In the scientific community, it’s common knowledge: We are in the midst of a mass extinction period. Species are disappearing from the planet at rates 100 to 10,000 times faster than the average rate of the past 500 million years. Since habitat conservation began in the 1800s, the belief has been that preserving plots of land and ocean will help curb the planet’s rapid biodiversity loss. But a new study published in the Marine Ecology Progress Series reveals that this belief is seriously flawed.
Today, natural habitats are being preserved at a growing rate, as national parks, wildlife refuges, game reserves, marine protected areas and wildlife sanctuaries. There are already over 100,000 such protected areas, covering about 7.3 million square miles of the earth, but it still falls drastically short of the 30% total coverage that scientists say will help preserve species and their habitats. Only 5.8% of land and 0.08% of oceans are currently protected. And the report clearly shows that while conservation area is increasing worldwide, biodiversity is declining just as rapidly.
Even if land and ocean protection were all it took to curb biodiversity loss, the system is riddled with problems that have yet to be resolved. For one, most land-based preservation areas are less than one square kilometer, which is not enough space to sustain larger species, according to the study. These pockets of preserved land are also isolated, with no land bridges for migrating species and broader ecosystems. Land protection helps with habitat loss and exploitation, but it can’t prevent other factors driving species loss, like invasive species, pollution to natural resources and the impacts of climate change.
When actually put into practice, protected land is just as flawed as the concept behind it. Governments are chronically under-funded—by up to $18 billion a year, according to the report—and cannot maintain the protection needed for areas of conservation. This opens up lands to poaching, illegal logging and fishing, habitat destruction, and more. These areas are only protected on paper, and that isn’t enough.
While there are problems with preservation now, there are also foreseeable problems with it in the future. The human population continues to increase at an exponential rate, and is projected to jump from 7 billion this year to 9 billion in 2035. As the population increases, so does the scale of its demands on finite natural resources. The world has already seen a rapid decline in biodiversity as a result, according to the paper. We are quickly exceeding the limits of what the planet can provide and replace. But with the increased need for food and other resources, especially as demand increases with population, the pressure to increase production hurts preservation. Many areas set aside for conservation have already been encroached by industries and agriculture in areas desperate to keep up with demand. It is a problem that will almost certainly worsen as resources grow more scarce.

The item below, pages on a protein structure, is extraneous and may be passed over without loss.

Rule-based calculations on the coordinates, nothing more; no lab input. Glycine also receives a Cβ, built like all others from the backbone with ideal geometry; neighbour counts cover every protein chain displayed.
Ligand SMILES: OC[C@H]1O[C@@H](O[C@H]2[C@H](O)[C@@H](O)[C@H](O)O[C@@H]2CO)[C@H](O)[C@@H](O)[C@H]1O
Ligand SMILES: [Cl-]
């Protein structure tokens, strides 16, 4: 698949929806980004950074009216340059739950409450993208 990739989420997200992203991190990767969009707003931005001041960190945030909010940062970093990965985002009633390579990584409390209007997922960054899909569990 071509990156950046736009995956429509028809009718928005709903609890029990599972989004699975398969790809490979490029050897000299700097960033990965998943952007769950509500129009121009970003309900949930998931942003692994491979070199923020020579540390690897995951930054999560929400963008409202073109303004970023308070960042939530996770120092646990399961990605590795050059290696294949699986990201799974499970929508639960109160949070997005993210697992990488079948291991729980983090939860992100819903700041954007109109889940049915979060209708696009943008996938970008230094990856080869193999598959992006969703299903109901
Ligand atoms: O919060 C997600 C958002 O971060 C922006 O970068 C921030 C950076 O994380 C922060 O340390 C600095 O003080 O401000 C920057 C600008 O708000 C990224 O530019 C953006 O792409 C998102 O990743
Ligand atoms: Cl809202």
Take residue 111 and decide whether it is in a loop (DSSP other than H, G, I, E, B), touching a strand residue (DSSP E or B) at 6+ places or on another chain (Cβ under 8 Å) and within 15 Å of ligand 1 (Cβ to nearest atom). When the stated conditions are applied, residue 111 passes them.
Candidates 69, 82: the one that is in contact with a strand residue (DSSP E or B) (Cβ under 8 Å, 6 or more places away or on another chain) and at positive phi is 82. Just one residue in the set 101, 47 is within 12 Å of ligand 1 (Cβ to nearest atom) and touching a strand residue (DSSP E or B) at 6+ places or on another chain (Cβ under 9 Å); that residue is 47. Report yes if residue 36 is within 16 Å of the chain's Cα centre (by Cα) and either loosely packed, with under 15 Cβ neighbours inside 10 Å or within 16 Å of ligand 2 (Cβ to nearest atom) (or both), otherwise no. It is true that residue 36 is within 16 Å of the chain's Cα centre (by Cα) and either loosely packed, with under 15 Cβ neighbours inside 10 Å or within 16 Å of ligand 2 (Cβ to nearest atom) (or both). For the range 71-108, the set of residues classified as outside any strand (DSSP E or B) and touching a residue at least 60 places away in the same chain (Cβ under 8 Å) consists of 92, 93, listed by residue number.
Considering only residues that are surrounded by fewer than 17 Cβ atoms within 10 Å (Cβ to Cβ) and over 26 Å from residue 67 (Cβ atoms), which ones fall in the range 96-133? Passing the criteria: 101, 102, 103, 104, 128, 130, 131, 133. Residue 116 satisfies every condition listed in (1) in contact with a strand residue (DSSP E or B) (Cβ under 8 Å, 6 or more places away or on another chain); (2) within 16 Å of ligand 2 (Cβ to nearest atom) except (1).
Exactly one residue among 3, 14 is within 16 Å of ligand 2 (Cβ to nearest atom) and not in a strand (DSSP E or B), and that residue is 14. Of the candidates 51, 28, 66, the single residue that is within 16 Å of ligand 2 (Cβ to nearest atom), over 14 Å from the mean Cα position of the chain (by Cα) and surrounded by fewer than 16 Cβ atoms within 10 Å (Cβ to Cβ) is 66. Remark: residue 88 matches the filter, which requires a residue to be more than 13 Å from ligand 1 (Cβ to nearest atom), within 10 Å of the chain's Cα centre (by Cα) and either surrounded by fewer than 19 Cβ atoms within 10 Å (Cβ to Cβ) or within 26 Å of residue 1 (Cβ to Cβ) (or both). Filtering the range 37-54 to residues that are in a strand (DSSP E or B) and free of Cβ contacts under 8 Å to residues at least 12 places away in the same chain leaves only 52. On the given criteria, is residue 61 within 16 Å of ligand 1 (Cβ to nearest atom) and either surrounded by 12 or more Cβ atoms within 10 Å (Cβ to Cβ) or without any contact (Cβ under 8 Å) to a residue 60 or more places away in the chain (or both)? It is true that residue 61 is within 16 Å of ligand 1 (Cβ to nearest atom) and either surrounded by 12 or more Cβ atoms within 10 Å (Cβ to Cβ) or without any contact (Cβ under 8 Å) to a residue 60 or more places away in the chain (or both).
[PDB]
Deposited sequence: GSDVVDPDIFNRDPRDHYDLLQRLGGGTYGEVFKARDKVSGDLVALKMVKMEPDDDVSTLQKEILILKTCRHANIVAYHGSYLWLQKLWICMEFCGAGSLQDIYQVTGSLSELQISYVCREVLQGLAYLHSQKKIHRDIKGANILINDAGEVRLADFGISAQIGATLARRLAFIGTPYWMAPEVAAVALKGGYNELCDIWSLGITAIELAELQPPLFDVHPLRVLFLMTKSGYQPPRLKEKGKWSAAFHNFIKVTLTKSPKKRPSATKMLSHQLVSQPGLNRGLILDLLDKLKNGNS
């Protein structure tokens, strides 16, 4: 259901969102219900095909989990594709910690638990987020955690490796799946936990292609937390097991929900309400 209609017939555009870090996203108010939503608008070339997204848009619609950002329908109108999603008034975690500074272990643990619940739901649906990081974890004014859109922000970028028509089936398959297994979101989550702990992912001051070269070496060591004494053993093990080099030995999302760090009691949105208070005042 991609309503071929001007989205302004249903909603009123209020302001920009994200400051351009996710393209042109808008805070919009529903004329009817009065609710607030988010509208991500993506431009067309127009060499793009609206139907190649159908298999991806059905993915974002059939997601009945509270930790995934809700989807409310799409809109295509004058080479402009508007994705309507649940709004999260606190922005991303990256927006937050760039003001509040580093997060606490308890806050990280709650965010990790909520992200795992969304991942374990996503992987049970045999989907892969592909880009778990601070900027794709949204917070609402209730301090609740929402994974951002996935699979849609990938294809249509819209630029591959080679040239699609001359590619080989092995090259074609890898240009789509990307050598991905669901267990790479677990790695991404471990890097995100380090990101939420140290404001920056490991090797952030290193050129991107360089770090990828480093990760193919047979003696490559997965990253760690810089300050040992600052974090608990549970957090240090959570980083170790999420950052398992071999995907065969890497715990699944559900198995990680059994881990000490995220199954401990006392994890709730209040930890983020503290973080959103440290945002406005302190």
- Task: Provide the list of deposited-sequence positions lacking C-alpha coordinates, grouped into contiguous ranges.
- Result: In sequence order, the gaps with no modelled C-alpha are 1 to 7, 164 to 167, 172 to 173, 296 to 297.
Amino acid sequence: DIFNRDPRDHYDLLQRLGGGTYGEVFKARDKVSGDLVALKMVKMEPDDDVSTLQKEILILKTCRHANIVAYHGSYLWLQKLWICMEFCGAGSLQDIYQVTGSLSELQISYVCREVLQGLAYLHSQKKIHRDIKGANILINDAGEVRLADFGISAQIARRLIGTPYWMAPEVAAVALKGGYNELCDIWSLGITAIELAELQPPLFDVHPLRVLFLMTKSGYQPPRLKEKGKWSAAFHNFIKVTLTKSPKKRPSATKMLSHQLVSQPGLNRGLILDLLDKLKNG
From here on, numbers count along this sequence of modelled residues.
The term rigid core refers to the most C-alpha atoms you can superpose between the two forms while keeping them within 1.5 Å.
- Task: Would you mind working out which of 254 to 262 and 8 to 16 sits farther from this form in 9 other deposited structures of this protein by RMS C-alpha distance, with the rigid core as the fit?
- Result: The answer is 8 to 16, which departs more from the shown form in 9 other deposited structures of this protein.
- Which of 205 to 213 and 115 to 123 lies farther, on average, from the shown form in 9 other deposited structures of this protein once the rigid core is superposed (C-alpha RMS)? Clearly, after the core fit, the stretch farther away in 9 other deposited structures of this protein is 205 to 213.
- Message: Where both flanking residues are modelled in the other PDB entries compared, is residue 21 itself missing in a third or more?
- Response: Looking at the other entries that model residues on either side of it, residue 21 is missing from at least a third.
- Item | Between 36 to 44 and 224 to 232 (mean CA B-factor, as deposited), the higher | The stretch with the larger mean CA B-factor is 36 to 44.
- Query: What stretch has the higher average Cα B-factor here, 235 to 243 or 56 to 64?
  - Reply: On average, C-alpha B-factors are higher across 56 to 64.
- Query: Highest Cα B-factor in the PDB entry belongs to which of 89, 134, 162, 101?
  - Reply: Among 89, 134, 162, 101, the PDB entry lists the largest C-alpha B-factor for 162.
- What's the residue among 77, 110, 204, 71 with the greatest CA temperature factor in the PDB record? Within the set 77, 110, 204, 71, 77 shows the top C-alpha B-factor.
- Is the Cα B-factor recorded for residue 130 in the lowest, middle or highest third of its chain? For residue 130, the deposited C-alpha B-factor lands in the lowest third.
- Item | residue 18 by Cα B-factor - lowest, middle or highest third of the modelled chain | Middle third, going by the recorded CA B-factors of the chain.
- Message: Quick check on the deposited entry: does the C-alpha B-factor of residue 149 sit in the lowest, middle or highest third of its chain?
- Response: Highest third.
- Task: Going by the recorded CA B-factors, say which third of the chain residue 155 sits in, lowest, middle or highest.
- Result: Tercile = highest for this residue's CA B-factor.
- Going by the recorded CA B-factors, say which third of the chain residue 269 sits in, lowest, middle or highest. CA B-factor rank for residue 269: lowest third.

“We are just taking too much—managing forests in such as way as they degrade, same with coastal waters, and we have to stop doing this as a species,” Peter Sale, a co-author of the report from the Canadian Institute for Water, Health and the Environment, told the BBC. “We’re talking about losing 50% of species in the next half century—that’s faster than any previous mass extinction event—and anybody who thinks we can go through a mass extinction and be perfectly fine is just deluding themselves.”
The report suggests that, rather than focusing so narrowly (and ineffectively) on protected areas, we should focus on the epidemic problems of overconsumption and human overpopulation. But Camilo Mora, another co-author of the report from the University of Hawaii, emphasized that the paper is not an attack on the conservation movement. “We’re definitely not saying we shouldn’t protect areas,” he told BBC. “The problem is that we’re investing all our human capital into those areas.” The report itself provides no suggested solution to the problem, but by improving conservation efforts, as well as addressing broader, underlying causes of biodiversity loss, there may still be some hope.